Like a lot of Americans, the changes in the residential housing situation have affected my directly. The biggest impact may be the simple fact that I have stayed put longer than I ever have before – over 11 years. This comes on the heels of an 11 year period in which my family and I lived in 4 houses in 3 cities.
As you might imagine, there are a lot of nice things about having put down real roots. What might not occur to you is something that it has allowed me to pursue – a long term approach to making my house more energy efficient. Over those 11 years, my house has gotten slightly larger but my overall energy consumption is down more than 30%. Pretty neat.
Some of the reduction has come from changes in occupancy, but most of it is due to improvements we have made to the house and to the things inside the house that use energy. I am sharing them with you here, and ask that you weigh in with your experience with similar improvements or recommend what else you have done. Here they are, in an order that reflects my calculus on simplicity (ease of installation), savings, and first cost:
- Installed ENERGY STAR rated compact fluorescent light bulbs in lamps, closets, and ceiling fixtures. Amazed how many people and businesses still haven’t done this in appropriate areas. They are inexpensive and available in styles to fit almost any fixture. And LEDs are next on my list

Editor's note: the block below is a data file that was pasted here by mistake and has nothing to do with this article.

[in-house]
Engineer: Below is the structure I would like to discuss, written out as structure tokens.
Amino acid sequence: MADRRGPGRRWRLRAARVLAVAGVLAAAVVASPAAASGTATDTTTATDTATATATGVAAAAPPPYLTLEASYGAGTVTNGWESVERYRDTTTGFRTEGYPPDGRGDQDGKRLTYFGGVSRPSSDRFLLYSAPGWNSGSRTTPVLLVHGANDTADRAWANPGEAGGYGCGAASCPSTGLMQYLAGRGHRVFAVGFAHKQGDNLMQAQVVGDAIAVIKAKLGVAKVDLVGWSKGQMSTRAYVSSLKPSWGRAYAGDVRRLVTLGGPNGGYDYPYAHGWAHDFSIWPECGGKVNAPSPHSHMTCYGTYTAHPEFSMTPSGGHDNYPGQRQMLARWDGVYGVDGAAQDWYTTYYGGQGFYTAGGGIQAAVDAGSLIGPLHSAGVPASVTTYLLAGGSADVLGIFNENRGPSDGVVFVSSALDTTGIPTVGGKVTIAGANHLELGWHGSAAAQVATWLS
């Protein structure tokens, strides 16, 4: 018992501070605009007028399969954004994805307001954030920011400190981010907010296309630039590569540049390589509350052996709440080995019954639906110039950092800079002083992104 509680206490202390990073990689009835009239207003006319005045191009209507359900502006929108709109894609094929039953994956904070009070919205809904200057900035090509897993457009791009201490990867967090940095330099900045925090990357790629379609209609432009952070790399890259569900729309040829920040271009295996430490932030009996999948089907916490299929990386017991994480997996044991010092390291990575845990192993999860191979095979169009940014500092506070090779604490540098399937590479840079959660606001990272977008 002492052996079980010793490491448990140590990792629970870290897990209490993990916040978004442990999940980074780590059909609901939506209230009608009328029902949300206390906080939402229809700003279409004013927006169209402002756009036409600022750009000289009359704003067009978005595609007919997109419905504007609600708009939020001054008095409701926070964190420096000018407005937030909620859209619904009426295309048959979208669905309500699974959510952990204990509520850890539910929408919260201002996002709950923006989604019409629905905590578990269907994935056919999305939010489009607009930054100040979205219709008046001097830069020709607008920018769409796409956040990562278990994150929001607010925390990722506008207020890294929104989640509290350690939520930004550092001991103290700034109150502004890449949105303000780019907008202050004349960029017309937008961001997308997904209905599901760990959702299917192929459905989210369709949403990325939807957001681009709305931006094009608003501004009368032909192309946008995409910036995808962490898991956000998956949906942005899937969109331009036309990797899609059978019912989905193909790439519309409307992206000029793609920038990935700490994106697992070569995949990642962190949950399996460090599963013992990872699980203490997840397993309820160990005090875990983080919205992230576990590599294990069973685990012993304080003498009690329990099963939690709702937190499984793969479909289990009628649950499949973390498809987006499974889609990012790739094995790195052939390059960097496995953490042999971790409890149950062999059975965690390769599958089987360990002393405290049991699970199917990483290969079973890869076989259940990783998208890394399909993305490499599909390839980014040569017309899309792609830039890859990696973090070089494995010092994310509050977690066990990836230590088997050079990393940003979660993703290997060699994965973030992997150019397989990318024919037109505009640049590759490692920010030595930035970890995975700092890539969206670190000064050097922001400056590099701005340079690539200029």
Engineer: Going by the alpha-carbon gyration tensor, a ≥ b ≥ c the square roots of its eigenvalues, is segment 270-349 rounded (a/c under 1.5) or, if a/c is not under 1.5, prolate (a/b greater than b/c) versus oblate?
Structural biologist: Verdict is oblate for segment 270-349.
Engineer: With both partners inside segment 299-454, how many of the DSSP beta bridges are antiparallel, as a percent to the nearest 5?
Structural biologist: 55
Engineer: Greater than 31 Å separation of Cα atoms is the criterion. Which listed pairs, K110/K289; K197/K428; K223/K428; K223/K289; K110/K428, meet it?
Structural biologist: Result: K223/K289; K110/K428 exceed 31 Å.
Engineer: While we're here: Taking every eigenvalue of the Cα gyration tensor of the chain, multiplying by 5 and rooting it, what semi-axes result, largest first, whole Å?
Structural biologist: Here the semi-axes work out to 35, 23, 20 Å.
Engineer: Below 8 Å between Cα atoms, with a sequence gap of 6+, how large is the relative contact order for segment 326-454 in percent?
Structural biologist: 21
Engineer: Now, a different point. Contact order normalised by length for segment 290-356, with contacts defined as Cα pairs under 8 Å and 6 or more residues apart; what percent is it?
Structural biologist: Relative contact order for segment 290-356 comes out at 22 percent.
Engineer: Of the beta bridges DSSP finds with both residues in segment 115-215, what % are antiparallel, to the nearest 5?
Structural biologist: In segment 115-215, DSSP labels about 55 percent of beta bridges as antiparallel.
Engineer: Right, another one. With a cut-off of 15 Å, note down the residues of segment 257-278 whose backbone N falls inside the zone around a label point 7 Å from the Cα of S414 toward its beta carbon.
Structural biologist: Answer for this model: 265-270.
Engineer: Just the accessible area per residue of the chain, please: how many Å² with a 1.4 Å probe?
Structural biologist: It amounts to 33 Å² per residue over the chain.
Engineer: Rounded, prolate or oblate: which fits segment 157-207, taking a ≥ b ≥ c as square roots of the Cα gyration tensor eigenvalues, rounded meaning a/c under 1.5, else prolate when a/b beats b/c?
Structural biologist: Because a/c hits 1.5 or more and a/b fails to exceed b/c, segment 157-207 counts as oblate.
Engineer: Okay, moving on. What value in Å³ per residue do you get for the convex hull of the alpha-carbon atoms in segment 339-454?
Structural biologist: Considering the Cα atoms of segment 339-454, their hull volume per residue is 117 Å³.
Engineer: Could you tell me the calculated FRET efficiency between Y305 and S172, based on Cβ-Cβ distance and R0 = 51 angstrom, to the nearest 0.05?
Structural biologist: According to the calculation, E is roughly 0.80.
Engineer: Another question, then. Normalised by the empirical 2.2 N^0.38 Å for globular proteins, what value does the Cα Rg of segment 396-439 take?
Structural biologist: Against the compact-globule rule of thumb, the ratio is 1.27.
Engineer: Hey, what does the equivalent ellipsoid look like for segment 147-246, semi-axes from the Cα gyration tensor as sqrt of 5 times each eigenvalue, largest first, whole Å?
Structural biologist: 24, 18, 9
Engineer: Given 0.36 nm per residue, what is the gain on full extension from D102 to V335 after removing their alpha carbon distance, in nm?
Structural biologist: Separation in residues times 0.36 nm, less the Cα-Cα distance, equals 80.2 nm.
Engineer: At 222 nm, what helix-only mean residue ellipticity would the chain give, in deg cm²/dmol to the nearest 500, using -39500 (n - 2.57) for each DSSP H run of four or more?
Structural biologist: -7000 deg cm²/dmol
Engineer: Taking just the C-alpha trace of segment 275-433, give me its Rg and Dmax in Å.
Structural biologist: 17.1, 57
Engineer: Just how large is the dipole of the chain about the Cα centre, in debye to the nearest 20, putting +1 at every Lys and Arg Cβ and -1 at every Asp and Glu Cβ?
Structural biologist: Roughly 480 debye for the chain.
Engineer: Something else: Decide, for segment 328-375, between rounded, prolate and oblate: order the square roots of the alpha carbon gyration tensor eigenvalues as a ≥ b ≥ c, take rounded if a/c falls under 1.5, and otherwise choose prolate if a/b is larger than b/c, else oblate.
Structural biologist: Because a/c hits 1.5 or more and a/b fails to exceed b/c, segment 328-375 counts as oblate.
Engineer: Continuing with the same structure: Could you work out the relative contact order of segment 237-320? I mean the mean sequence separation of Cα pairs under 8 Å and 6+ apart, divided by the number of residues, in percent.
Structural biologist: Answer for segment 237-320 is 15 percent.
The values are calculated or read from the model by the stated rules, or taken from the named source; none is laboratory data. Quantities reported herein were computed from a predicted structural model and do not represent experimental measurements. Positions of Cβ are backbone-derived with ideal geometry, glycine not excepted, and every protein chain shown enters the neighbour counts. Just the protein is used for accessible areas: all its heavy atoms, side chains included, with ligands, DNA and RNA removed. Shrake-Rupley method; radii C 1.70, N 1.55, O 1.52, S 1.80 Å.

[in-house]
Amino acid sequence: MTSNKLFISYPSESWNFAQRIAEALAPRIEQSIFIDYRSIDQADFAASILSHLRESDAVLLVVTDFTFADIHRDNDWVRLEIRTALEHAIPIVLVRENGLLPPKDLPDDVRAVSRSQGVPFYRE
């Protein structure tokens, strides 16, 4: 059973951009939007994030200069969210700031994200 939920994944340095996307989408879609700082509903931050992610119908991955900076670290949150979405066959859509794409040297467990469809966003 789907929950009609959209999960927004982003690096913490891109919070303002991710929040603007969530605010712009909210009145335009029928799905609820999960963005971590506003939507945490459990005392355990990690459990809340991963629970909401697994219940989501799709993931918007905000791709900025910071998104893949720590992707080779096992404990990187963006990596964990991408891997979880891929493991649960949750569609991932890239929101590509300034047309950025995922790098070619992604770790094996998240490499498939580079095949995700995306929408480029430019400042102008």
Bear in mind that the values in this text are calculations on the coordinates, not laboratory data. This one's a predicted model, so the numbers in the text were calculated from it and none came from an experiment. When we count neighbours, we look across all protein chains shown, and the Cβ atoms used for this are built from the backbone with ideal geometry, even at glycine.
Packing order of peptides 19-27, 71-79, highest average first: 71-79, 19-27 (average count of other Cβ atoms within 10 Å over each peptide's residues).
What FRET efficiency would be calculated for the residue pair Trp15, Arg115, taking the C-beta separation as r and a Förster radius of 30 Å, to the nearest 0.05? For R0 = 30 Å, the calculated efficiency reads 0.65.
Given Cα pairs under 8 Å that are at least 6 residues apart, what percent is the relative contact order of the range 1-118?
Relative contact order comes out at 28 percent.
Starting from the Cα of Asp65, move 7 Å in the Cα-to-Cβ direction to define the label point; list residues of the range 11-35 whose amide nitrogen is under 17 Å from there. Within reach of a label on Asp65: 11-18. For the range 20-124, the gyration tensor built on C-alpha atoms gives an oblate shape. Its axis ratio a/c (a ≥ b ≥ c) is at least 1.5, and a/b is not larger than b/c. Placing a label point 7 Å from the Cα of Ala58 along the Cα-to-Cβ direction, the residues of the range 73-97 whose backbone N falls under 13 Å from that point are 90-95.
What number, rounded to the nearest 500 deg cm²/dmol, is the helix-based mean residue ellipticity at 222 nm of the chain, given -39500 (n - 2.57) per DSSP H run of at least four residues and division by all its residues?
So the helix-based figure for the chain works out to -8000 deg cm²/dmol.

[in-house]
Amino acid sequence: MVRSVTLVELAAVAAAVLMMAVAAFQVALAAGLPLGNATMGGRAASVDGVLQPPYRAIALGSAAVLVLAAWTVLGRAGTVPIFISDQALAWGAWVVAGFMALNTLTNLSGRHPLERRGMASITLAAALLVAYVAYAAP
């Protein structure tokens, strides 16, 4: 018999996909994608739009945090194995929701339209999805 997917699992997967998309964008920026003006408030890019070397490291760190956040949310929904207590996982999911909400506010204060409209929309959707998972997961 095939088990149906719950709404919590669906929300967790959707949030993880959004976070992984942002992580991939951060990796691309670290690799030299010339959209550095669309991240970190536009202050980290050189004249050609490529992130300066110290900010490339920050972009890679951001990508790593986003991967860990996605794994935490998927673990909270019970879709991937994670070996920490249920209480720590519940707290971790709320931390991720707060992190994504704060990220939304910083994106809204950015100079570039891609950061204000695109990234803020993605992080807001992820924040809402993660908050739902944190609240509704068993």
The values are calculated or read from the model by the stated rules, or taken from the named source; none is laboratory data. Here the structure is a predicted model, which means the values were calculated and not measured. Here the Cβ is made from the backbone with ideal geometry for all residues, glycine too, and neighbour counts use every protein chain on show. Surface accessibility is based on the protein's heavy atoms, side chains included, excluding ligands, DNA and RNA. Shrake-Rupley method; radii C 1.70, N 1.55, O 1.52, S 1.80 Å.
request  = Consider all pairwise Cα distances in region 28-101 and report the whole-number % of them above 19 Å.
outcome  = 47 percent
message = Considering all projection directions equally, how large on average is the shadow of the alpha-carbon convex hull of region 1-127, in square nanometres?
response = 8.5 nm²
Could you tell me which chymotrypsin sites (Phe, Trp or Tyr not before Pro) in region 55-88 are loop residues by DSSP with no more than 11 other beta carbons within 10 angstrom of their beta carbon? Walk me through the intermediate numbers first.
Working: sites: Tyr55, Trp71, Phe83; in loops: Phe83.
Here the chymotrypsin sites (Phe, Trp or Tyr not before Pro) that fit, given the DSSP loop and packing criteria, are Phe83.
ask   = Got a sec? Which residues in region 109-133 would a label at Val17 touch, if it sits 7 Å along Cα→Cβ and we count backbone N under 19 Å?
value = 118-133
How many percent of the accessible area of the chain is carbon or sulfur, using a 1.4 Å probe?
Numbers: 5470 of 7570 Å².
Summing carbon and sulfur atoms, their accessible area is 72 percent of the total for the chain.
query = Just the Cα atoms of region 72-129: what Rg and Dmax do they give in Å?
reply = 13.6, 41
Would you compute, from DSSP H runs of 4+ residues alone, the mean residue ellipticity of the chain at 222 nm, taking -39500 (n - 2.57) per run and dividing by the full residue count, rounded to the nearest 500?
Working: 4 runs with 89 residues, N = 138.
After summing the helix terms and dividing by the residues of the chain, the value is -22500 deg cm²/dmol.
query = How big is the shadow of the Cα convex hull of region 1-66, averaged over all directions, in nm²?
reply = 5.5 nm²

- Had 12 inches of insulation blown into my attic. Immediate noticeable improvement in comfort upstairs and reduction in energy bills.
- Installed good programmable thermostats to control my HVAC units. Setbacks and schedules work at home just like they do in an office or store – they save a lot of money and automate comfort while still allowing the occasional override.
- Installed new high-efficiency HVAC equipment, including condensing units and furnaces. This is the most expensive thing we did but it had immediate benefits in terms of savings, comfort, and reduced maintenance and repair expenses.
- Replaced my dangerous and inefficient old solid wood garage door with a new metal insulated door. Quieter, safer, and really reduced heat loss or gain between the house and garage.
- Installed a new, more efficient ENERGY STAR rated water heater.
- Installed new ENERGY STAR rated double pane windows to replace old single pane windows. Much less drafty, quieter, and more temperate near them, and they are easier to clean.
- Purchased new ENERGY STAR rated appliances – a washer and dryer, dishwasher, and refrigerator – that are more efficient than their predecessors.
So what do you think? How low can a typical homeowner go? What motivates us to pursue energy efficiency? We would love to hear.
Burton Energy Group provides integrated energy management solutions for the commercial sector. Their services include strategic planning and risk management, utility bill management, energy procurement, energy and water conservation, utility budgeting, energy audits, sustainability programs, and management reports. Burton Energy Group represents owners and managers for some of the most respected companies in the commercial sector. Visit the company’s website at www.burtonenergygroup.com for more information.